English courts consider nixing mandatory wigs for barristers amid concerns they’re ‘culturally insensitive’

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Courts in the United Kingdom are considering whether to nix mandatory wigs for barristers amid concerns the dress code requirement is ‘culturally insensitive.’ 

‘Following questions from barristers about wigs and hair discrimination, the Bar Council set up a working group to consider court dress in the context of all protected characteristics,’ a spokesperson for the Bar Council, which represents barristers in England and Wales, said in a statement to The Telegraph. ‘The findings of the working group are currently being discussed with the judiciary as part of our regular dialogue on equality and diversity matters.’

Several Black barristers have lodged complaints that the traditional headpieces discriminate against Afro-Caribbean hair. Though no permanent change has been decided, judges are reviewing proposals made by the Bar Council, and a decision is expected this fall at the earliest, the Telegraph reported.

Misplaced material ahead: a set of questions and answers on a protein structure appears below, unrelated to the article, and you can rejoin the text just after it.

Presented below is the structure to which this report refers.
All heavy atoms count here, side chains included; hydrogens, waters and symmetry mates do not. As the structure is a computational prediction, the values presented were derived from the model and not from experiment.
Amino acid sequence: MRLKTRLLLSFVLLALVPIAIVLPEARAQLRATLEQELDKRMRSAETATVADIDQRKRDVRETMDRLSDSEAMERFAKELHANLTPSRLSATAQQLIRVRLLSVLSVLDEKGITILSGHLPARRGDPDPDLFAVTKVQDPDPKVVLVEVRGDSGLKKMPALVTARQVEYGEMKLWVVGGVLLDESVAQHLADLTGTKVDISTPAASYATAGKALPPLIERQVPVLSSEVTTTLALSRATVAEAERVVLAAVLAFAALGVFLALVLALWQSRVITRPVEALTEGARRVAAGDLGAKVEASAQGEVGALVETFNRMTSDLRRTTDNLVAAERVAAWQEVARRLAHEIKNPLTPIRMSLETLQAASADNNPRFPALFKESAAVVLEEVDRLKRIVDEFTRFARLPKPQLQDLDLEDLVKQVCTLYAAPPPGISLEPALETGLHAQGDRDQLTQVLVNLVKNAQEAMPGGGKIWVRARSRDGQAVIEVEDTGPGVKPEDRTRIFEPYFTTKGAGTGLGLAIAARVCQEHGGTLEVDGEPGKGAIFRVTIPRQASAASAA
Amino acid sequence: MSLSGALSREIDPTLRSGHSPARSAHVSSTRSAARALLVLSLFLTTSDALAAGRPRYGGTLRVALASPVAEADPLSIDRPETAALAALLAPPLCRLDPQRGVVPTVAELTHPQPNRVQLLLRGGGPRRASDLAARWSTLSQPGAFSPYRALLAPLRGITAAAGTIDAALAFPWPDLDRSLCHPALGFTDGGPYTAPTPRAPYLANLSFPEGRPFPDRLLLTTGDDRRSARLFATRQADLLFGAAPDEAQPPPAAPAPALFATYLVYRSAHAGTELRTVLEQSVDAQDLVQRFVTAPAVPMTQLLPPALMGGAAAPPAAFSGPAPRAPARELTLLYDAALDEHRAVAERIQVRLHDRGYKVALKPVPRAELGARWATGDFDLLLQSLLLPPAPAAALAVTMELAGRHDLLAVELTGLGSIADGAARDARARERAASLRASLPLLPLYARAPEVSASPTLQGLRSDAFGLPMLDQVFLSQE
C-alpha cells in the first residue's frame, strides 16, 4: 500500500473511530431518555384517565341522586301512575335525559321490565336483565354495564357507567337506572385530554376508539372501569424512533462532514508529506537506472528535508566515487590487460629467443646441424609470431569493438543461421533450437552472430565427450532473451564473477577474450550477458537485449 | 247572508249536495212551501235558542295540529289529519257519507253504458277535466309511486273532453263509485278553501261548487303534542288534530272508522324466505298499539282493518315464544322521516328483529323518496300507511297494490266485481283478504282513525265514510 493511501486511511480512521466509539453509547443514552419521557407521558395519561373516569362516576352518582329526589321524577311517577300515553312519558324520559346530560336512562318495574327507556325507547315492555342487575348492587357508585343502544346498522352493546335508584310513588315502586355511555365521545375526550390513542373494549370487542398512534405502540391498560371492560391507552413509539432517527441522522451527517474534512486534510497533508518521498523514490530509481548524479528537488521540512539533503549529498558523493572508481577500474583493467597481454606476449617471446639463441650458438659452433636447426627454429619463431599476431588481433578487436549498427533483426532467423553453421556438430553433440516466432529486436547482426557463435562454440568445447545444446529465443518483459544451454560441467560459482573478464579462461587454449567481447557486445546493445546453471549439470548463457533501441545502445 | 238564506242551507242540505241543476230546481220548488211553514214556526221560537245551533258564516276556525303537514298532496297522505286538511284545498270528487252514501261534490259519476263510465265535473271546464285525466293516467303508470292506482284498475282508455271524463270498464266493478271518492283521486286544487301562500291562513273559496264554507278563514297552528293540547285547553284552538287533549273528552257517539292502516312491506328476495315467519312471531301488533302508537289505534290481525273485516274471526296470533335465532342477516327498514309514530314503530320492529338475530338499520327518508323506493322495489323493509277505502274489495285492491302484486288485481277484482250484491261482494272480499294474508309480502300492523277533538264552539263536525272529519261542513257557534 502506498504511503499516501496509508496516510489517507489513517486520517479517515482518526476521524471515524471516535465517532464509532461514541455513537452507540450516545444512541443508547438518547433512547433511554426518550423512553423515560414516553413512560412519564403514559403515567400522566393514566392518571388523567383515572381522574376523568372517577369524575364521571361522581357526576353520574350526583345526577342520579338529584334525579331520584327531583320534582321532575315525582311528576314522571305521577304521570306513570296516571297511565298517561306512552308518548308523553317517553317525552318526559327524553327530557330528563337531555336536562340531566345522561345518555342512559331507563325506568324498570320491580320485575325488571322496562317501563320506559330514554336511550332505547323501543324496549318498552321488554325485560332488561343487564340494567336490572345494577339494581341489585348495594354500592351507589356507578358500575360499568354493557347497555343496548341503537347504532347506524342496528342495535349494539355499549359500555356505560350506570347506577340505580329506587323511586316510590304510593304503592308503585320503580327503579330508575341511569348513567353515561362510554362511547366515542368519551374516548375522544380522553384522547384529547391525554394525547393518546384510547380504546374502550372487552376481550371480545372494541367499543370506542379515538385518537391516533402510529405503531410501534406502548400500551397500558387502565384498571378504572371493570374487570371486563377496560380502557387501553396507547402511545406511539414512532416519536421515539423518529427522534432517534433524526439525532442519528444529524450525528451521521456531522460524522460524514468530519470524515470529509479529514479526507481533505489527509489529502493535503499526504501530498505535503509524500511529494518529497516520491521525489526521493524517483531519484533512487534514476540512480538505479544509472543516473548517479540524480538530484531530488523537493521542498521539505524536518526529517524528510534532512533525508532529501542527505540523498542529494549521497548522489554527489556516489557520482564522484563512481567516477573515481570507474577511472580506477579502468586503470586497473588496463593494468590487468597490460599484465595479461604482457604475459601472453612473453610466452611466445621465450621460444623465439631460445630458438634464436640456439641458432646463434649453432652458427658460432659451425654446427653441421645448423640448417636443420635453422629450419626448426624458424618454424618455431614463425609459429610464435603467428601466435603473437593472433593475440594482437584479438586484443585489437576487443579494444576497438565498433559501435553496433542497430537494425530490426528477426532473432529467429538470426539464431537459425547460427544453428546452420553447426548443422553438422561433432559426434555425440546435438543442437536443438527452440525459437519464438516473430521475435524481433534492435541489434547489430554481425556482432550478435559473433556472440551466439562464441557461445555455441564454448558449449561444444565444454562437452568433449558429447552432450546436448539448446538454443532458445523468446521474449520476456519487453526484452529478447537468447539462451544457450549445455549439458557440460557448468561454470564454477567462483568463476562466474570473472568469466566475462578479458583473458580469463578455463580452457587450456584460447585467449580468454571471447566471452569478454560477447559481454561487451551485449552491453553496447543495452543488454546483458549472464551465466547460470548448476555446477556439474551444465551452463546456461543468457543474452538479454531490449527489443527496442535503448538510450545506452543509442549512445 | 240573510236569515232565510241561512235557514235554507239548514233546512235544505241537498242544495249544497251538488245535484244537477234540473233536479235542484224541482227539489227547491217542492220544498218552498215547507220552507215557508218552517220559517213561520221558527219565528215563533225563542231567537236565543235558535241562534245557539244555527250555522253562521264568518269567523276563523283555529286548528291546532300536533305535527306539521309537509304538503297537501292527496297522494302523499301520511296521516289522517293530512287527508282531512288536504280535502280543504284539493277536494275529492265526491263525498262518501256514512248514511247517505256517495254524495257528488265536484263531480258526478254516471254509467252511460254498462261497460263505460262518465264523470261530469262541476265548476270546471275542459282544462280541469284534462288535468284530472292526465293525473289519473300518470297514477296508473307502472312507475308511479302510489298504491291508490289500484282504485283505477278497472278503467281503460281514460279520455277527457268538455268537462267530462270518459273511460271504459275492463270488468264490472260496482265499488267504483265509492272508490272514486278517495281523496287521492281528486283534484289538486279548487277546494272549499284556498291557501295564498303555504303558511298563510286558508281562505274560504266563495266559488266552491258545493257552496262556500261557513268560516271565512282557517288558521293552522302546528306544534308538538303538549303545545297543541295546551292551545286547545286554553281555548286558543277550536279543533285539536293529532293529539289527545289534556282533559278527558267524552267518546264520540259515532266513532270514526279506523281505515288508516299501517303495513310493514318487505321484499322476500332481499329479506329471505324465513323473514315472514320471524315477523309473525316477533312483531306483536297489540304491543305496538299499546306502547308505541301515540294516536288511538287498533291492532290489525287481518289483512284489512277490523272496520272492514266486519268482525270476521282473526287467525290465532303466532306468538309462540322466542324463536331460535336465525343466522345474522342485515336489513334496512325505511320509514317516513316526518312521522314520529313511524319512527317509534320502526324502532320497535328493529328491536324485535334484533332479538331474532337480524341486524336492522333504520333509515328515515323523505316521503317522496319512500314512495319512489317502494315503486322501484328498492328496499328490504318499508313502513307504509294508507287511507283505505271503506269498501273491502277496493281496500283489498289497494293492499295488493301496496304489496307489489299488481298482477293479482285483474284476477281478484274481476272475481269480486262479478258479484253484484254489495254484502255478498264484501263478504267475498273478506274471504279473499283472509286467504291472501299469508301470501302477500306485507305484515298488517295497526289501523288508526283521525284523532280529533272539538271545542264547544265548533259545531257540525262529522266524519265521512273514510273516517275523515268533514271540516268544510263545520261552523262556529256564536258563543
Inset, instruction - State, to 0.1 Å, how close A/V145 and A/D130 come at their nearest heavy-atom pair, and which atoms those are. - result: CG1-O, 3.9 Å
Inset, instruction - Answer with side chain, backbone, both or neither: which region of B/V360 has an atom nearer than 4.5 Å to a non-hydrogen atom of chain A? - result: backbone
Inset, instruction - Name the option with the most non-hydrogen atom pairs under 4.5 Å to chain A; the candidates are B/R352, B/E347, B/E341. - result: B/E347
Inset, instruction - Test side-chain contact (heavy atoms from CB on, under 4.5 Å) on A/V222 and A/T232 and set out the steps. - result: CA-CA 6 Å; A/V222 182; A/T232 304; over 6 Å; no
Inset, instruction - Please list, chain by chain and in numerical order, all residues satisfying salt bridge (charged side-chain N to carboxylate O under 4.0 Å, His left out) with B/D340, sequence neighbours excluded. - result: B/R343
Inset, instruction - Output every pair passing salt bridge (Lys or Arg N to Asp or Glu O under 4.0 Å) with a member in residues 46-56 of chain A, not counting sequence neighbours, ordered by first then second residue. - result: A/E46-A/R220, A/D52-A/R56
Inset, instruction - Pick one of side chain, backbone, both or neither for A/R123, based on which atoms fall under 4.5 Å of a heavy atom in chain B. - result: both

‘Senior judges are in active discussions with the Bar Council about the findings of their working group on court dress,’ a spokesperson for the judiciary also told the newspaper. ‘We welcome these discussions as part of our continuing joint work on diversity and inclusion in the legal profession.’

Michael Etienne, a Black barrister with an afro hairstyle, branded the compulsory wigs as hair discrimination, a form of racism, in 2022, sparking public debate after he was ordered to wear the headpiece or face disciplinary action. The wigs, traditionally made of horsehair, are not required in all courtrooms. They haven’t been compulsory in family, civil or Supreme Court cases since 2007.

Leslie Thomas KC, a Black legal professional in London, told the Telegraph he believes the required wigs to be a ‘ridiculous costume’ that represents a ‘culturally insensitive climate’ at the Bar.

‘The wigs certainly should go. There isn’t any place in a modern society for barristers to be wearing 17th-century fashion,’ Thomas told the newspaper, suggesting the judiciary do away with other ‘archaic’ court dress, as well, such as wing collars, bands and collarettes. 

He said a dress code that instead solely requires barristers to wear a black gown with smart business wear underneath ‘would bring the profession into the 21st century.’

Rachel Bale, a mixed-race barrister with curly afro hair, pointed to religious exemptions already in place for Sikhs who wear turbans and Muslims who wear headscarves, suggesting to The Telegraph that barristers should be able to opt out for cultural reasons. She argued that wigs are often ‘not fit for purpose’ for naturally Black hairstyles.

‘Something overlooked often in Black culture is that your hair is so inexplicably important and it is completely interwoven with your identity,’ she told the newspaper. 

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